Received: (qmail 19740 invoked by uid 78); 13 Jun 2011 14:08:57 -0000
Received: from unknown (HELO cloudmark1) (10.49.16.98)
by 0 with SMTP; 13 Jun 2011 14:08:57 -0000
Received: from [220.127.116.11] ([18.104.22.168:57007] helo=omr1.networksolutionsemail.com)
by cm-mr23 (envelope-from <firstname.lastname@example.org>)
(ecelerity 22.214.171.124 r(37554)) with ESMTP
id D5/49-27784-8F916FD4; Mon, 13 Jun 2011 10:08:57 -0400
Received: from cm-omr14 (mail.networksolutionsemail.com [126.96.36.199])
by omr1.networksolutionsemail.com (8.13.6/8.13.6) with ESMTP id p5DE8uQo008126
for <email@example.com>; Mon, 13 Jun 2011 10:08:56 -0400
Authentication-Results: cm-omr14 firstname.lastname@example.org; auth=pass (LOGIN)
Received: from [188.8.131.52] ([184.108.40.206:2649] helo=appsrv3)
by cm-omr14 (envelope-from <email@example.com>)
(ecelerity 220.127.116.11 r(31179/31189)) with ESMTPA
id 3D/CE-22125-8F916FD4; Mon, 13 Jun 2011 10:08:56 -0400
From: “Gopher Support” <firstname.lastname@example.org>
Subject: Test message
Date: Mon, 13 Jun 2011 08:08:56 -0600
X-Mailer: Microsoft Office Outlook 12.0
Look for the “Received From” information which will have the real mail server name and IP address that sent the email. If the domains don’t match with the “From” address on the email, you can be 99% sure it is SPAM and should be deleted — and deleted from your deleted items.
If your ISP is blocking good emails, it will help you get your point across to them if you can have the sender get you the Internet header like above and the email that shows the reason it was blocked You may find that you get into the realm of reverse DNS lookups or SMTP protocols to determine if an email is valid. Don’t let the technology deter you. These are just other ways that an Internet provider tries to protect you from spam. If you find they are blocking your emails from getting to you, and they are using spam-blocking software, see if you can remove your email address from using the filter so you get your good emails. If also helps to have a backup email address at one of the free email providers like Yahoo that you can have a sender send to if you are not getting their email at your regular address. Each major mail provider uses different ways to determine spam, so you will find that you may not get an email sent to you at your main email but it does come to your Gmail or hotmail account.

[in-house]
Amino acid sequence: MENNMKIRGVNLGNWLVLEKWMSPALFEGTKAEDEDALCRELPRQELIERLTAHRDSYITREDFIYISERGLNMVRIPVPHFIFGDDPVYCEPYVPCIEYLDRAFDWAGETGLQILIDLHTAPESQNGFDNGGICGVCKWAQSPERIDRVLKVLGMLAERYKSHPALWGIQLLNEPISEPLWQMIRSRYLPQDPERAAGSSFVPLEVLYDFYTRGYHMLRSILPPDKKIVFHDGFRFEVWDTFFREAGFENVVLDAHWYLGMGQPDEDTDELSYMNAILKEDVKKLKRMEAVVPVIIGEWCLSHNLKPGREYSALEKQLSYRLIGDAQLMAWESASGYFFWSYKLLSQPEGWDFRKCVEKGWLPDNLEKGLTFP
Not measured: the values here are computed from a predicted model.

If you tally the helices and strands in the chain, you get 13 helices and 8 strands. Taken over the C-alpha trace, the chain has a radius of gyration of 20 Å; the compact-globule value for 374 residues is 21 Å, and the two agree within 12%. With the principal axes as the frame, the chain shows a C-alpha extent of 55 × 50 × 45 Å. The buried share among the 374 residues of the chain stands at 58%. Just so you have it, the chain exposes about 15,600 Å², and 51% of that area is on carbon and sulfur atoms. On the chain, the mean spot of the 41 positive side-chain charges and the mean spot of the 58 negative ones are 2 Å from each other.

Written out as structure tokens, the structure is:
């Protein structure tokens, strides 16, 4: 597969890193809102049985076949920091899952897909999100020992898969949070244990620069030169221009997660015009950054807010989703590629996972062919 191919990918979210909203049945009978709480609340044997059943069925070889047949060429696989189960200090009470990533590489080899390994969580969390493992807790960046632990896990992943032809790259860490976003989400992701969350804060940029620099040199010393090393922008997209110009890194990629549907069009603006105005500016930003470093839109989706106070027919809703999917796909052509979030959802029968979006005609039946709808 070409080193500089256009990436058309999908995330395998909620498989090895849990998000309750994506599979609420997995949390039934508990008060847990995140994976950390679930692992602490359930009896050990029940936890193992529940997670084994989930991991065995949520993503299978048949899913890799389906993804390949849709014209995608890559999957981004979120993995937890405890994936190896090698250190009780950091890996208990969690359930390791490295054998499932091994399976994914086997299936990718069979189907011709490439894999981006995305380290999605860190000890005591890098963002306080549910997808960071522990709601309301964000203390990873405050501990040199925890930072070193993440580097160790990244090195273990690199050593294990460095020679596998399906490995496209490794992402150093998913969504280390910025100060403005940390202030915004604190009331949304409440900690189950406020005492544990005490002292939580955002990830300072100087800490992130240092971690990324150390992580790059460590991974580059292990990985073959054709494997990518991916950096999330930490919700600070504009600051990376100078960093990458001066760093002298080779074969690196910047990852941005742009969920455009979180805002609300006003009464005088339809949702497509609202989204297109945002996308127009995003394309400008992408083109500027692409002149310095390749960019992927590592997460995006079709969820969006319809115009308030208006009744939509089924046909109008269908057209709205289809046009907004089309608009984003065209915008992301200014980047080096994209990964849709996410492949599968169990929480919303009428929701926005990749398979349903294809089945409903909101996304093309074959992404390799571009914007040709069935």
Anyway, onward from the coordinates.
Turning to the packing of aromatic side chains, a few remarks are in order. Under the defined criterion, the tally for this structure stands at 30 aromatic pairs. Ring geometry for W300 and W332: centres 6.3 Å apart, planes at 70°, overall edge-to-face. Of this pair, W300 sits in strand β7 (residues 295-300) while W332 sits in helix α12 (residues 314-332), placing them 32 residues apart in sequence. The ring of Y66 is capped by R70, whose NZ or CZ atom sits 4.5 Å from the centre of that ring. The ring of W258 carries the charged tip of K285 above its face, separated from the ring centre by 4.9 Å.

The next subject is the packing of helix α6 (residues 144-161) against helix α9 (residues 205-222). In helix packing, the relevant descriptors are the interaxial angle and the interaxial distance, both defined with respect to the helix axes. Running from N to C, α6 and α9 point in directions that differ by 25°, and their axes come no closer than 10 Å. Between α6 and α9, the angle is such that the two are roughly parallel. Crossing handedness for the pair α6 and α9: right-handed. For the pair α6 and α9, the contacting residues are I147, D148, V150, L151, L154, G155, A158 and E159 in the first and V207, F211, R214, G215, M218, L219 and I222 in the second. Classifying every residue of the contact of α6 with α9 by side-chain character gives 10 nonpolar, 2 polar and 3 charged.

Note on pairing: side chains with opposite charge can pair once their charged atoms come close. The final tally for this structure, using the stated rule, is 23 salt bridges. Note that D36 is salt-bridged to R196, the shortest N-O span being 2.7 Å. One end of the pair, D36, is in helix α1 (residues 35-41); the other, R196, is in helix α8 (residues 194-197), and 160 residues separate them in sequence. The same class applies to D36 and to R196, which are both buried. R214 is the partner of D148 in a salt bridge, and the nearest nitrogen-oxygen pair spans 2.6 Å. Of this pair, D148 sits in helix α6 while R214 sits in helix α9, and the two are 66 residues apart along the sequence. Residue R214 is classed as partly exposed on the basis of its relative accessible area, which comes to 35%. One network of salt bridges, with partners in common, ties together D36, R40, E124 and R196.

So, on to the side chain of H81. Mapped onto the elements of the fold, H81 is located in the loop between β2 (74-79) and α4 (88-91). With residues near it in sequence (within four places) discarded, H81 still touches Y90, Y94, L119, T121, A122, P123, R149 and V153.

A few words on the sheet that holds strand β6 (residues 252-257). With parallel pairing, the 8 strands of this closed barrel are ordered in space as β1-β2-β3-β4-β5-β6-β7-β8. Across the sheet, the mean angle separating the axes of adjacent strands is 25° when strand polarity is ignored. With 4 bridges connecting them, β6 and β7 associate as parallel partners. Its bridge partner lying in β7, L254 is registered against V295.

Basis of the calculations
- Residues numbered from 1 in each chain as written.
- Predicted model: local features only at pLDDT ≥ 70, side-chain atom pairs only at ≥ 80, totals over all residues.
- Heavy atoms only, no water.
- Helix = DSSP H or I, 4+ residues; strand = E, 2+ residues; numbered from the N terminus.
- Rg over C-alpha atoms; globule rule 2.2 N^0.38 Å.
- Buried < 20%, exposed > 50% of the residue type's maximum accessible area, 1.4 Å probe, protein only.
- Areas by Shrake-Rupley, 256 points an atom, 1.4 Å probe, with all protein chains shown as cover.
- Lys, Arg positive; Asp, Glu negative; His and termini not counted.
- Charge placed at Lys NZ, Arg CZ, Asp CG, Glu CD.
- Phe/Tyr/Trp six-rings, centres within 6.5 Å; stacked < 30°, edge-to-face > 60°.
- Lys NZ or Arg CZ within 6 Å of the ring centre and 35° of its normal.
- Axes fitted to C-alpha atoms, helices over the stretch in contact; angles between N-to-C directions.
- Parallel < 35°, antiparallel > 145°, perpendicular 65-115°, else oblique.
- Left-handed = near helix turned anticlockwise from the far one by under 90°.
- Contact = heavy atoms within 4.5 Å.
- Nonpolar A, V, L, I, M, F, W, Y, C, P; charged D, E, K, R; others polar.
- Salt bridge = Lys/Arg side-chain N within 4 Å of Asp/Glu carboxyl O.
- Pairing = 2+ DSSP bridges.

Pointers for Sending Emails to Clients or Candidates
The first red flag for most spam filters and for readers of email is something coming from email@example.com. There are two things to be aware of here. First, if you are in business, you loose legitimacy by not having an email address of firstname.lastname@example.org. Ditch the Gmail, Yahoo, and Hotmail accounts as your main business accounts! These email sources were never meant to be used for business purposes. Setup a domain name and email address for yourself that defines you and your business. Second, emails from these sources are the main source of spam worldwide and the first emails to get blocked. You are doing yourself a disservice by using one of these for your main business account.
Next, if you send out a lot of unsolicited mailings you will always want to include the information required by the CAN-SPAM act. At a minimum, this must include the physical address of your company and a way to opt out if they no longer want to receive unsolicited emails from you. A lot of providers are looking for this information and will add you to their blacklist if you are not in compliance. AOL will put you on its blacklist if one person at AOL reports you as a spammer. You then have to go to AOL’s website and try and get yourself removed. Yahoo, Gmail, and Hotmail also have list that will block your emails from being delivered if for some reason you get yourself on a Blacklist.
Lastly, drop the fancy signatures with pictures, logos, etc. and opt for a clean, easy-to-read signature for your email messages. Even if your email doesn’t get tagged as spam, sometimes images are blocked and not visible to the recipient. If this is the only way for you to convey your contact information, you may not be giving your recipients a way to get in touch with you.
Below are some links if you want more information about spam.
- AOL’s postmaster page describing the Anti-Spam Technical Alliance Proposal
- Anti-Spam Research Group. ASRG is part of the IRTF, and affiliated with the IETF
- Anti spam info & resource page of the U.S. Federal Trade Commission
- CAUBE.AU – Fight Spam in Australia, The Coalition Against Unsolicited Bulk Email, Australia
- Composing abuse reports — what to send, how to send it, where to send it, and what not to send or do.
- “Computer Incident Advisory Committee’s suggestions: E-Mail Spamming countermeasures: Detection and prevention of E-Mail spamming” (Shawn Hernan, with James R. Cutler and David Harris)
- “Historical Development of Spam Fighting in Relation to Threat of Computer-Aware Criminals, and Public Safety” by Neil Schwartzman
- Mail DDoS Attacks through Mail Non Delivery Messages and Backscatter
- Spam Laws United States, European Union, and other countries’ laws and pending legislation regarding unsolicited commercial email
- Stopping Spam An article about spam in Scientific American
- Yahoo’s Anti-Spam Resource Center
- Spam Filter Comparison
- SpamWise — Tools to check your website for address-harvesting risks